Except mine. Someone please nominate me for the Brilliant Runner of the Year Award. I carried my running shoes, socks, and a small towel in my bag, along with four Menards shopping bags. If you’ve ever shopped at Menards, you know their bags are nice and thick. I also had a disposable hospital gown which is my usual M.O. as my throw-away to keep me warm before a race, but since I was wearing a poncho, I didn’t need it. I slogged through the mud to the gear check area wearing my flip flops, and about 10 minutes before the race, I laid the gown on the ground, sat on it while I dried off my feet and put my socks and shoes on, and then wrapped my feet in the Menards bags. I might have looked ridiculous, but my shoes, socks, and feet were completely dry as I made my way to the start area. Minutes before the race the rain had slowed, so I took the bags off of my feet but decided to keep them for after the race. I twisted them together and tied them around the back of my SPIBelt, and never even noticed they were there. I also kept my umbrella since it folds up very small and can pretty much fit in the palm of my hand.
Anyway, how about a race review? Despite the rain, moods were good and the race announcer was energetic and fun. He warned runners to stay away from the edges of the road and to be careful around cracks and potholes in the street since they would be full of water and there would be no way to tell the depth of the potholes or what else might be in them. The race started exactly on time which was a treat given the weather conditions. The race started and ended in Jackson Park in the Woodlawn neighborhood on Chicago’s south side. The first two miles the rain was coming down pretty heavily, so I kept my head down and didn’t notice much around me. The rain started to ease and I was getting warm under my poncho, so I took it off and wrapped it around the back of my SPIbelt, since I knew I would need it later. At Mile 2 we hit the first aid station and I was thrilled they had Gatorade Endurance, since that’s what I’ve been training with this summer and what will be available at the Chicago and New York City Marathons this year.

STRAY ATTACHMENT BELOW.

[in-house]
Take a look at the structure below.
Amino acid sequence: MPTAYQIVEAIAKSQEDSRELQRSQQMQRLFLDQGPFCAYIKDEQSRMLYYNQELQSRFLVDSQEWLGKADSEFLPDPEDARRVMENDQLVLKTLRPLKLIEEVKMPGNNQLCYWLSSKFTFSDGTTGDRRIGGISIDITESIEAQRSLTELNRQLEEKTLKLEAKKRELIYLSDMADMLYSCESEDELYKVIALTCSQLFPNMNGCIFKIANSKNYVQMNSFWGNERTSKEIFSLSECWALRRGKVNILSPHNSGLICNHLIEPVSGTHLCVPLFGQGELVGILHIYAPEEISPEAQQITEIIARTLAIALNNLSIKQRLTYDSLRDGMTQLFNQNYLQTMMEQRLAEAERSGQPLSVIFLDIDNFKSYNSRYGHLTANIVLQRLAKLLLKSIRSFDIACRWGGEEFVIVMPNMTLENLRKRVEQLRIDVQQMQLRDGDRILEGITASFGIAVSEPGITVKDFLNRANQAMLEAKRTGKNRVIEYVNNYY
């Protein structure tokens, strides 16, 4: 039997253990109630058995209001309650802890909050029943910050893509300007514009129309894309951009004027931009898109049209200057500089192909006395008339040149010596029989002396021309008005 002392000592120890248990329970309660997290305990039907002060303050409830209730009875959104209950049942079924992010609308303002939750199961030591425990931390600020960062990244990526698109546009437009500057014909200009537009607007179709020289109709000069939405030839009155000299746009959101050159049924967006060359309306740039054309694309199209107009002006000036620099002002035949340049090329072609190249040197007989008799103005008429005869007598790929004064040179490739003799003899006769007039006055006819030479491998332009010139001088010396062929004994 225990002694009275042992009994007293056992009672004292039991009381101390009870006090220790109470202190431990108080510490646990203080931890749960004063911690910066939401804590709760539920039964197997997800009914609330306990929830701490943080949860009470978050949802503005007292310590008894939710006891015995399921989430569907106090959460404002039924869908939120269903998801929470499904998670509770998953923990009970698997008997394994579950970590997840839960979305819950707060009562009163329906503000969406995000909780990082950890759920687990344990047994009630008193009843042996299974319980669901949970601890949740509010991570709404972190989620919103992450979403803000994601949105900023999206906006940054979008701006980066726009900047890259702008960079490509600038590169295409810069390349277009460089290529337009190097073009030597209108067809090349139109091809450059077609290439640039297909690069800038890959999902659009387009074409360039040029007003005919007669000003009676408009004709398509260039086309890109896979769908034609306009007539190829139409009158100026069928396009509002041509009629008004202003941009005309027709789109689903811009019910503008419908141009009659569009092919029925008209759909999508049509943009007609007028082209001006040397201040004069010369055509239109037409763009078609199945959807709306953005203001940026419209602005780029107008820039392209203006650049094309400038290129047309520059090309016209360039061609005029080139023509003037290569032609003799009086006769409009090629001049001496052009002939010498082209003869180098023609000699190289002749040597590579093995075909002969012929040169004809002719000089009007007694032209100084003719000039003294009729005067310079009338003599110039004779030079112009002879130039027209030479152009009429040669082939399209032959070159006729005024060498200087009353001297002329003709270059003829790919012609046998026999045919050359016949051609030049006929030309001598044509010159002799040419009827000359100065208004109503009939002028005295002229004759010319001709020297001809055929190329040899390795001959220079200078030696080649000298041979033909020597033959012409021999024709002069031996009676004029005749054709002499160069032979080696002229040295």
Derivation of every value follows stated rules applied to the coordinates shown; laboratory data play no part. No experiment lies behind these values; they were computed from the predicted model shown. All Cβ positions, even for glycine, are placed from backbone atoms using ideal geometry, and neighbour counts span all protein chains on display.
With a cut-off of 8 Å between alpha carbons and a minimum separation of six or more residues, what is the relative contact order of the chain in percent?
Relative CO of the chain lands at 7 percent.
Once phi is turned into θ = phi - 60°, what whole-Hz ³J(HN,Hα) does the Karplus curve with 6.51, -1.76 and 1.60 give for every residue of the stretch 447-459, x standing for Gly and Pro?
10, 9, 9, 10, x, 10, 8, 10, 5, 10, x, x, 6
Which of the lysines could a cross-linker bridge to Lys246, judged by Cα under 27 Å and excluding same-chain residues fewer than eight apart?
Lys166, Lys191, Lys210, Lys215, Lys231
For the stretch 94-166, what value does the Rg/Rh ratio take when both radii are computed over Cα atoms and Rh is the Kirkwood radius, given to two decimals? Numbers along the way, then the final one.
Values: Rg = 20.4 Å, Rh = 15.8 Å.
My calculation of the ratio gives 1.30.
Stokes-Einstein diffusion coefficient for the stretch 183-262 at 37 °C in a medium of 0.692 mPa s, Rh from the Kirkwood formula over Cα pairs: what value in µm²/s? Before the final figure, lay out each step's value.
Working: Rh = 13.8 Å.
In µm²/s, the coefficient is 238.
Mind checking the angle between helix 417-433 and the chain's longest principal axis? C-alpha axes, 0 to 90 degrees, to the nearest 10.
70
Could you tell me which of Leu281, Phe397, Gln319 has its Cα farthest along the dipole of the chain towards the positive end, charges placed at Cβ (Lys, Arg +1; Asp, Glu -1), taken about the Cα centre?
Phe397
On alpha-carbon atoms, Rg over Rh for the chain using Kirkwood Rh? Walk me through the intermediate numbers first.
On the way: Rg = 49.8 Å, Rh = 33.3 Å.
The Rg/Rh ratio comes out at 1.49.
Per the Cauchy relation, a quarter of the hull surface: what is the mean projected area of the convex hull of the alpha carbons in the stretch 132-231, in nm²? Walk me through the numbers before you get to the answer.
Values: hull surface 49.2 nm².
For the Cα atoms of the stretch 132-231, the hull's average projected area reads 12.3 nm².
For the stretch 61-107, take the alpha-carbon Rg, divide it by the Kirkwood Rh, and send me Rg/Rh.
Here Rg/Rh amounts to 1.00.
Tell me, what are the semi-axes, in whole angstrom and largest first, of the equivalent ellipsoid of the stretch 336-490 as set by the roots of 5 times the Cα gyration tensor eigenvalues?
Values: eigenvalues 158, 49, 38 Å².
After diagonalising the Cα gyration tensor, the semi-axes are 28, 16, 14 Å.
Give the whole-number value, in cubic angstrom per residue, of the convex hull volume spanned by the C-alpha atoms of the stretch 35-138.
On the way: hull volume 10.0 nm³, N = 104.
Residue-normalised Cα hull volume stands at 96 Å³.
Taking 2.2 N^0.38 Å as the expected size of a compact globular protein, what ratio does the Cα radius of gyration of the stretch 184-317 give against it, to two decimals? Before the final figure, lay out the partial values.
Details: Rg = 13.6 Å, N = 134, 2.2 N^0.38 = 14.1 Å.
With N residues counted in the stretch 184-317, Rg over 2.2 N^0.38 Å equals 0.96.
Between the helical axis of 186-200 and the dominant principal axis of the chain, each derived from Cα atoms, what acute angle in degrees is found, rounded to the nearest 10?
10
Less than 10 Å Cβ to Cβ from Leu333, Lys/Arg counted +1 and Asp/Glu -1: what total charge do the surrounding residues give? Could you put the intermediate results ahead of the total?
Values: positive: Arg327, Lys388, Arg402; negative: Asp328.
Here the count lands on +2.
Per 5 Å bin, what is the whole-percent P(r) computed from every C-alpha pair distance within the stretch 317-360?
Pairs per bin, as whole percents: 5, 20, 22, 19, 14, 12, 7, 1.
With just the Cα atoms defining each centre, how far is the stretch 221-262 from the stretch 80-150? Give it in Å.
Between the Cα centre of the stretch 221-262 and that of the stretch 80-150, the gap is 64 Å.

We headed toward the lake and at the 3 Mile mark we turned north where we would run along the lakefront for the next five miles. By the time we got to Mile 7, us slowpokes could see the elite runners on the other side of the road with only three miles left in their race. We cheered for the lead runners and I might have gone a little crazy when the first female runner passed. Girl Power! As we approached the turnaround at Mile 8 I could hear thunder in the distance. Oh no, please don’t call the race now! We made the hairpin turn and I was again thrilled at about the 8-1/2 mile mark when the volunteers were handing out Gatorade Endurance Energy Gels. They were out of my favorite flavor (Blackberry), but still had plenty of my second favorite, Mango. Yum!
I turned around and saw none other than the three guys from the parking garage. What are the chances of that happening? We ran together and chatted for a bit and then I pulled ahead. I was trying to motor since I wanted to get to the finish in case the race might be called because of the weather. The rain started to pick up again so I put my poncho back on and just kept moving. At this point I was walking more and running less, but the rain had me walking at a pretty good clip. I kept pushing through and as I made the final turn into Jackson Park I knew I was close to my goal but likely wouldn’t make it, so I decided to walk for a bit. I wound up coming in just two minutes over, which was fine by me! I ran through the finish line and was immediately rewarded with an ice-cream filled Bomb Pop. How awesome is that???